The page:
In a time of increased competition among law firms, a firm’s positive news, developments or performance always seems welcome. Peer recognition for the firm is nice. Likewise, having clients show confidence in the firm by hiring it again and again naturally is a boost of confidence. And climbing revenues and profitability is almost always viewed as a barometer of success.

But not all indicia of positive financial performance means a law firm is doing well or headed in the right direction.   For performance data to be truly positive it should be indicative of advancing a firm’s values, culture and strategy. While it may be hard to imagine that more money can ever be a bad thing; if it comes at a cost to values and culture or causes a diversion from a well-considered strategy, it may be a dubious marker of success. Simply put, some financial success may not always be probative of the success a law firm seeks or needs.

When a firm enjoys a bell weather year financially it should look at that performance a little deeper. The proper perspective is to not just assume that a good financial outcome is the true measure of progress. Indeed, an uptick in revenues or profitability may mask substandard performance when tested against a firm’s values, culture and strategy. If you are incredulous about such a proposition, ask yourself how many times have you read about a law firm that closes while its last managing partner states, “we just finished our best year ever.”

That being the case, strong financial performance should be understood with the following thoughts in mind:

It May Be an Aberration. Some financial aberrations or one-time events are easy to spot. A significant bump in revenue and/or profitability may not be repeatable-at least anytime soon. If the spike in partner profits came because departures leave fewer shares to be divided, the concern over attrition may take priority over congrats for the extra money spread around. Collecting a large but old receivable or contingent fee may say nothing about your firm’s current direction. Patting oneself on the back may be unjustified. Equally concerning, complacency can ensue.

Is Performance Aligned with the Firm’s Values? Strong financial performance may or may not measure whether the firm is doing a good job standing strong about its values or being true to its culture. A firm deeply committed to teaming and building an institutional client base should not be overly swayed from a boost in revenues caused by laterals that can’t seem to un-silo their practices. The firm may still like the revenue created, but it cannot be sanguine that the uptick signals a faithful adherence to its values and culture. A firm should test the results to see if they are consistent with the long-term needs of the firm.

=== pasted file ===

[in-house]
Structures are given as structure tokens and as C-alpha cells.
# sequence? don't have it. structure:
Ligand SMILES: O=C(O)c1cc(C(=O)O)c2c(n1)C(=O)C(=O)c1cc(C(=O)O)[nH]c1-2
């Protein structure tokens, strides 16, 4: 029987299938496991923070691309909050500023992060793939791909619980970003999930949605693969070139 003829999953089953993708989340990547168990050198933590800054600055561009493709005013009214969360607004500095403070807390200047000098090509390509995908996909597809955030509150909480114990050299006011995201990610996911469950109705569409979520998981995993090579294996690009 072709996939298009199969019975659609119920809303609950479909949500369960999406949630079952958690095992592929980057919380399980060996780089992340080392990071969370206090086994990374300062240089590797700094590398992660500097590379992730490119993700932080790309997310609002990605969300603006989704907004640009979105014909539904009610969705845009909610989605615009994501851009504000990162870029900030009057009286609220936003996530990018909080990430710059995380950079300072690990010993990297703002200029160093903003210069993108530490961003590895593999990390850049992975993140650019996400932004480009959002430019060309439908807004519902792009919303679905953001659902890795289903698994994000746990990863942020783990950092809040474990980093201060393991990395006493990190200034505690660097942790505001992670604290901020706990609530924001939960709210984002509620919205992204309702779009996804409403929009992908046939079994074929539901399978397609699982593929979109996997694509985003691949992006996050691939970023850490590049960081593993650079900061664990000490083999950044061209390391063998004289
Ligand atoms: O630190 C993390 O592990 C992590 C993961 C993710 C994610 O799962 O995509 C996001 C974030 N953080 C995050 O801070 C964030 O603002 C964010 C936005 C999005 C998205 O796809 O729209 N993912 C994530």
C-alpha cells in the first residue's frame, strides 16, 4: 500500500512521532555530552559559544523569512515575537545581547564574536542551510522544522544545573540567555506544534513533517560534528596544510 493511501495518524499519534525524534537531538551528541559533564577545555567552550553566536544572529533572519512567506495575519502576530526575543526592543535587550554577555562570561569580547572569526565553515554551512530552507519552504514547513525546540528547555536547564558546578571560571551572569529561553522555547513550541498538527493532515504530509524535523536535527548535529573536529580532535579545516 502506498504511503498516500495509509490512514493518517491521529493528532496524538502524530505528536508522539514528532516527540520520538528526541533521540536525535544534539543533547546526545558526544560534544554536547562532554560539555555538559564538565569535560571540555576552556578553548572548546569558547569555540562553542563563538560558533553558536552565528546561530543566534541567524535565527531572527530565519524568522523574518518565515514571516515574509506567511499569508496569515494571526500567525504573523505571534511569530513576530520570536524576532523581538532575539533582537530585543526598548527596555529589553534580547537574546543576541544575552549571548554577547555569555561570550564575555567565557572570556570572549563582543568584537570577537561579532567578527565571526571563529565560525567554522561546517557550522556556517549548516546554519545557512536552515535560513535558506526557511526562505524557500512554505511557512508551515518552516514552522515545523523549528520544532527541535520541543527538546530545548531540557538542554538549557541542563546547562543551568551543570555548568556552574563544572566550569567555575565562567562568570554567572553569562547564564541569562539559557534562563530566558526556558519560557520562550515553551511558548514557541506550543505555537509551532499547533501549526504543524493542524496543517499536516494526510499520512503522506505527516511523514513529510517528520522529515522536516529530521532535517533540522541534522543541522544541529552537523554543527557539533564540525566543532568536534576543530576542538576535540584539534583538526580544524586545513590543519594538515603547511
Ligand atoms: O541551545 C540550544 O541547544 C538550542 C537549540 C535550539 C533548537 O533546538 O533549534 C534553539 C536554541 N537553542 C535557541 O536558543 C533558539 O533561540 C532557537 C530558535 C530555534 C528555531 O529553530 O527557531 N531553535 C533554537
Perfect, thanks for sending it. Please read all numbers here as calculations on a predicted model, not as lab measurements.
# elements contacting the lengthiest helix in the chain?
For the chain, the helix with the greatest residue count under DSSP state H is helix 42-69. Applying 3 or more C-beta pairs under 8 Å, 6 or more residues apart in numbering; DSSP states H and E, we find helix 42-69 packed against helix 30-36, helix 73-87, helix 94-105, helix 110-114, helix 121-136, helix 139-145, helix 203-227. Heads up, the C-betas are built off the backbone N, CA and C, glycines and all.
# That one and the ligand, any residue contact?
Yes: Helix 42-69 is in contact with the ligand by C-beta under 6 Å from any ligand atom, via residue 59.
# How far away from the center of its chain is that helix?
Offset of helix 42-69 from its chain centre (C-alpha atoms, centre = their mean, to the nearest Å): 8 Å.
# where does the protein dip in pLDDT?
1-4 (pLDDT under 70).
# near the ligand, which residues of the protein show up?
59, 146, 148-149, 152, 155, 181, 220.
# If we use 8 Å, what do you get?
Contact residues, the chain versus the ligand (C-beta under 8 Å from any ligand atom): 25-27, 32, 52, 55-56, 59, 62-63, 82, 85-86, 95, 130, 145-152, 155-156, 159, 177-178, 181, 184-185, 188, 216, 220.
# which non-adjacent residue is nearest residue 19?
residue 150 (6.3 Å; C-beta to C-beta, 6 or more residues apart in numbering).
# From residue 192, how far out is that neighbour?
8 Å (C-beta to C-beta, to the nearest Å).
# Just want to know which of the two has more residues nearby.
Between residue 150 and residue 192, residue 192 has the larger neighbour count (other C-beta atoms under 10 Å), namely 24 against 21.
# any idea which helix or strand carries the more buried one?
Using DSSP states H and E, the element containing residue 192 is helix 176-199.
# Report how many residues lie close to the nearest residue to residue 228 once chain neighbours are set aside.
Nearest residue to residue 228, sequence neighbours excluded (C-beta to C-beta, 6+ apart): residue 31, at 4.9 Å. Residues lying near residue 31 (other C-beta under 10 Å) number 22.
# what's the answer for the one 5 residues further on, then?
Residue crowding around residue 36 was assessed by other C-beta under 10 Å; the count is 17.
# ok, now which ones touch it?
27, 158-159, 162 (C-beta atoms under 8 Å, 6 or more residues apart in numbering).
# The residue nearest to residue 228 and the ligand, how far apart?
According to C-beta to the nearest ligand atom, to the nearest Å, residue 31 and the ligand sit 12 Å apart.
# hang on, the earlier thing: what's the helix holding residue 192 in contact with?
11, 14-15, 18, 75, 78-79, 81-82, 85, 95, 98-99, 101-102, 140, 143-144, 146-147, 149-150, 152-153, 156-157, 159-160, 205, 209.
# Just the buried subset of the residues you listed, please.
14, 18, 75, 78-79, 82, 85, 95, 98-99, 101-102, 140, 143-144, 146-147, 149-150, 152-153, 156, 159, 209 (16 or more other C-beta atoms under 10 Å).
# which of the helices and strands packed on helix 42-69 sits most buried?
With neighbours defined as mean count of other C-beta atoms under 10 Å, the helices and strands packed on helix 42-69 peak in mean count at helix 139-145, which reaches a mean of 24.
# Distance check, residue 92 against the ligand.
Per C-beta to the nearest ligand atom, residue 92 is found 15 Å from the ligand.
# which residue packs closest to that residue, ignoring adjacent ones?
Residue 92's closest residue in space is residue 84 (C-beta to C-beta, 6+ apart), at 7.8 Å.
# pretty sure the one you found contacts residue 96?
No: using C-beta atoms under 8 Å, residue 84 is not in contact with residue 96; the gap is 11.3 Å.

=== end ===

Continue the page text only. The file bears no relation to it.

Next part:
It Can Lead to Rewarding Contrary Conduct. Whenever a firm’s strong financial performance is attributable to the efforts of a few, there is a natural tendency to laud or reward that effort. But with humans being humans, the motivation to emulate the latest “stars” may yield more of the same behavior. As long as the original conduct was consistent with the firm’s values, culture and strategy, all will be good. But if that is not the case, the firm should beware. A firm should understand the nature of financial success before rewarding those responsible.

It Can Change Your Firm’s Values, Culture and Strategy. Repeatable strong financial performance can be a beautiful thing. But if it consistently is contrary to the long-held values, culture and strategy, it likely will forge those things in a new direction. That is not to say that the values, culture and strategy were right in the first place or unchangeable, but awareness of the change should stimulate an introspective look at where the firm is headed. If ownership is happy with that direction, fine. But if not, action will be required. Consistent performance not in sync with stated values, understood culture or adopted strategy should be discussed and evaluated. If the firm’s direction is to change, it must be done willingly.

Popping the champagne because of great financial success is always fun. But smart leadership looks beyond the bottom line results to see where their firm is headed. When your firm has enjoyed its “up” years, has it looked at its performance critically?